Writer: Tiffany Acosta
The President’s Performance Fund has supported the initiative with $76,000 per year for up to three years. All engineering students are required to take ENGR 100, which is recommended to students in their first semester if they meet the math co-requisite, MATH 121. With the new program, NMSU has seen an increase of 78.5 percent of students retained to sophomore year compared to 63.9 percent before the program.
“We have realized for a long time that only one in three students enrolled in engineering will actually graduate,” said Sonya Cooper, College of Engineering associate dean of academics. “We know we can’t achieve 100 percent retention at all levels, but we can put some programs and resources in place to help knock down some barriers that our students are facing.
“We decided to start with the freshman level, because there are tested programs that have worked at other universities with similar demographics of students. We also wanted to expand upon a program we had for low placement math students, to all freshman. With the President’s Performance Fund award, we saw the opportunity to support these initiatives.”
When the Freshman Year Experience started in fall 2014, seven sections with 224 students were enrolled and the program has grown to 12 sections with 384 students. The program includes junior- and senior-level peer mentors and dedicated English 111 sections for the freshmen.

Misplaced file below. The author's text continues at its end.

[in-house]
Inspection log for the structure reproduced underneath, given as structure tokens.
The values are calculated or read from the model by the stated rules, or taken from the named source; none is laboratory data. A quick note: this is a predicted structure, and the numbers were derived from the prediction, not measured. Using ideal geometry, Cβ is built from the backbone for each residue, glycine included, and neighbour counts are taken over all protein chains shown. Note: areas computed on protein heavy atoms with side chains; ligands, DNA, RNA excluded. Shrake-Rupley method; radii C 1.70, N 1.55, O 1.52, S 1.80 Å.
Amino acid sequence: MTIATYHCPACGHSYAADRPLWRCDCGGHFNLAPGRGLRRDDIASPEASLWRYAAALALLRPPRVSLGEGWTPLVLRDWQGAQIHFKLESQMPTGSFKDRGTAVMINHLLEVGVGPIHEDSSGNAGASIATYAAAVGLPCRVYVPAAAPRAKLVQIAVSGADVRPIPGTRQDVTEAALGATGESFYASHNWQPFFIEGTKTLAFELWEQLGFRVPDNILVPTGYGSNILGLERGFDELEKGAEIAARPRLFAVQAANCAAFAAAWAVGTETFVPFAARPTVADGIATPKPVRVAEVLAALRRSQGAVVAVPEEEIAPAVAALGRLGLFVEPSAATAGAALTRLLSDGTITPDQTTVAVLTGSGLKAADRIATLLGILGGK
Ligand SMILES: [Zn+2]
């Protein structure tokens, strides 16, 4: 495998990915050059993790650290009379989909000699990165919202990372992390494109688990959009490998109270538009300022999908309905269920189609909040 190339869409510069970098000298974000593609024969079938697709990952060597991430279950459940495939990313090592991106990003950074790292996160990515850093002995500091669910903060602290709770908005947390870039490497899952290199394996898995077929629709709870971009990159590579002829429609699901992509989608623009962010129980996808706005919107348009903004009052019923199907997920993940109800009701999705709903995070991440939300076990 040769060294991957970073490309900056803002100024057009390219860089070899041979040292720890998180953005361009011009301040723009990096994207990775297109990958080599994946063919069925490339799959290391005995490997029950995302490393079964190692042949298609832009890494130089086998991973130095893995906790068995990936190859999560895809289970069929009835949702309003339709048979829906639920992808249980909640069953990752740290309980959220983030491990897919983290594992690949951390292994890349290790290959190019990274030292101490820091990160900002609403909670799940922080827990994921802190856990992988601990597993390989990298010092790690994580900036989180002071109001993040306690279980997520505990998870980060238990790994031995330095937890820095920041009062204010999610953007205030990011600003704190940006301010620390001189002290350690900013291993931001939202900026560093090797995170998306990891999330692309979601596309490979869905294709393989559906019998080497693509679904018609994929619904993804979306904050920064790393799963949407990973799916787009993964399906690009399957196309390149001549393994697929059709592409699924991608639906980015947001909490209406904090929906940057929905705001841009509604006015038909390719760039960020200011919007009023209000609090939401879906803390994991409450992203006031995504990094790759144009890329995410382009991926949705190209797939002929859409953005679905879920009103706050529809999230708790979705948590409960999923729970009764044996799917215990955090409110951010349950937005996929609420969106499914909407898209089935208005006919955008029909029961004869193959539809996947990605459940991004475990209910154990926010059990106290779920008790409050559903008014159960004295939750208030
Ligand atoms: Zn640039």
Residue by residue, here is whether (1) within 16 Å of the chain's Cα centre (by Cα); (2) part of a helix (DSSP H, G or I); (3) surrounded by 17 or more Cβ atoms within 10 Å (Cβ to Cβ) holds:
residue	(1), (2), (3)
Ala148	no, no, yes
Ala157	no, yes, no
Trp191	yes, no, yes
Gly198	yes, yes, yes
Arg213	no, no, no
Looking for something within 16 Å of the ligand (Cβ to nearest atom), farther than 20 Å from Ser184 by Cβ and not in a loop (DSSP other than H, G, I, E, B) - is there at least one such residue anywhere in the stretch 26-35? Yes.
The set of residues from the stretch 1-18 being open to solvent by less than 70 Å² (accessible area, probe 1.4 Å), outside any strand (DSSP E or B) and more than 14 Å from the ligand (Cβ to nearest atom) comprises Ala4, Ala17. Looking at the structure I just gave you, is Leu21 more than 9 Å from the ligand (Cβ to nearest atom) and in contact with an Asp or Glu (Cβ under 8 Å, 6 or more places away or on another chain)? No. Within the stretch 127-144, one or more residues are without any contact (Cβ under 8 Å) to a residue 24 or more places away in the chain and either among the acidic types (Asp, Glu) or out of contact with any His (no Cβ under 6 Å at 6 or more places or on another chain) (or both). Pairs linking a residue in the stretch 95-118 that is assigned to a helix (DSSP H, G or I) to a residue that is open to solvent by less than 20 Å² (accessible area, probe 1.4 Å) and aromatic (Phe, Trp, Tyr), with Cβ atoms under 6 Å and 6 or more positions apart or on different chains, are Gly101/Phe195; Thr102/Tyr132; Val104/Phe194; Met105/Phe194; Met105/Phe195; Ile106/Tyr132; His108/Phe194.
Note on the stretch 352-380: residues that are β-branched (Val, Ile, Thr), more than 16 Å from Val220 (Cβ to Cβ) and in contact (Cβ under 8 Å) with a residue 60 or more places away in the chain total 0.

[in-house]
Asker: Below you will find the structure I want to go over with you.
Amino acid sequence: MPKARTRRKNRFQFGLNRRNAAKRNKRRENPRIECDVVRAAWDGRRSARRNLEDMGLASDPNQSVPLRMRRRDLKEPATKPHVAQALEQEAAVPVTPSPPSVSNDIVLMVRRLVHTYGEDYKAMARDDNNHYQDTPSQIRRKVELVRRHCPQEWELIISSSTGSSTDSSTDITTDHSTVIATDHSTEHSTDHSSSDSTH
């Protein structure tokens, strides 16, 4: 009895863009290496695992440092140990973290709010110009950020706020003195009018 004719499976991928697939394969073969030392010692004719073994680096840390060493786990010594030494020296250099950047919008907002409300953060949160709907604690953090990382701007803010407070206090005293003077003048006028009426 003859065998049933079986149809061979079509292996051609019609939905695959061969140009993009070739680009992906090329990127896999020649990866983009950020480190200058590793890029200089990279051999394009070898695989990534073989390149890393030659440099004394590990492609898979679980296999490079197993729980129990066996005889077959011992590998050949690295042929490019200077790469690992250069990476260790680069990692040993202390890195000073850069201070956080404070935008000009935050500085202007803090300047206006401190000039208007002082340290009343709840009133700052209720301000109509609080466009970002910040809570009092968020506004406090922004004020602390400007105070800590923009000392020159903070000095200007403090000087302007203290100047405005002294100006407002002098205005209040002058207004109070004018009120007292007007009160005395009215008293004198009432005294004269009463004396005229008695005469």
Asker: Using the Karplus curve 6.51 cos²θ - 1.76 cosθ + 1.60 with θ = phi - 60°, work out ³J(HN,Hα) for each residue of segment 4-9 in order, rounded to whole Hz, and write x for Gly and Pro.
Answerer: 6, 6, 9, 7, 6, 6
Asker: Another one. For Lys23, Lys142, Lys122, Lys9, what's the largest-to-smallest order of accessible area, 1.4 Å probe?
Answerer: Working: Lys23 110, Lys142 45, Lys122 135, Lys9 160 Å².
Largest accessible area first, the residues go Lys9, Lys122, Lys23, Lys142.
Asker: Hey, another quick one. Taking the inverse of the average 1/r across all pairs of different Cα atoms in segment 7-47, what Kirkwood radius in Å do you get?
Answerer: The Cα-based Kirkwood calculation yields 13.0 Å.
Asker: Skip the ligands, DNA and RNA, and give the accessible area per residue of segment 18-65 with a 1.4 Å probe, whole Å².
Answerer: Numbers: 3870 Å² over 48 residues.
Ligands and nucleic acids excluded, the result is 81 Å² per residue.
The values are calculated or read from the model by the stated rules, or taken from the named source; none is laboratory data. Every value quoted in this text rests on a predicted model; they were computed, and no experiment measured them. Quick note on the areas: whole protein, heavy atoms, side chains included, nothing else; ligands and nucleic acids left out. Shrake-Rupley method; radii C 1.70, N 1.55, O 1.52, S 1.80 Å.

“I believe the success of the program is due to students getting engaged in a centralized class from their first semester of college,” said Elizabeth Howard, program coordinator. “The program introduces them to freshman experiences, engagement activities and engineering curriculum. The program also provides peer mentoring where students can get help with college adjustment and assistance with their classes.”
The course objectives for the Freshman Year Experience are to identify and utilize engineering design processes, enhance team building skills, introduce engineering ethics and improve technical skills.
As lead instructor and curriculum developer for the program, John Ross Tapia said he hopes the course helps students enjoy their freshmen year and introductory engineering course. He continued, “It is an opportunity to interact with young engineering students and is a great opportunity to work with some of our world’s future engineers.”
Tapia said he has been surprised by the fact that some students in the introductory course are unaware of all the department choices available in the college.
“I will continue to work on bringing activities that will enhance the students’ knowledge on all departments. This way they have an opportunity to choose or change majors before getting too deep into one department then changing their mind,” Tapia said.
While the college will continue to refine the Freshman Year Experience annually, Cooper said they also have programs geared toward every year.
“There are programs within all levels that we hope to extend to every student in order to increase their persistence through their degree program so they graduate and have that chance to work toward a promising career,” Cooper said.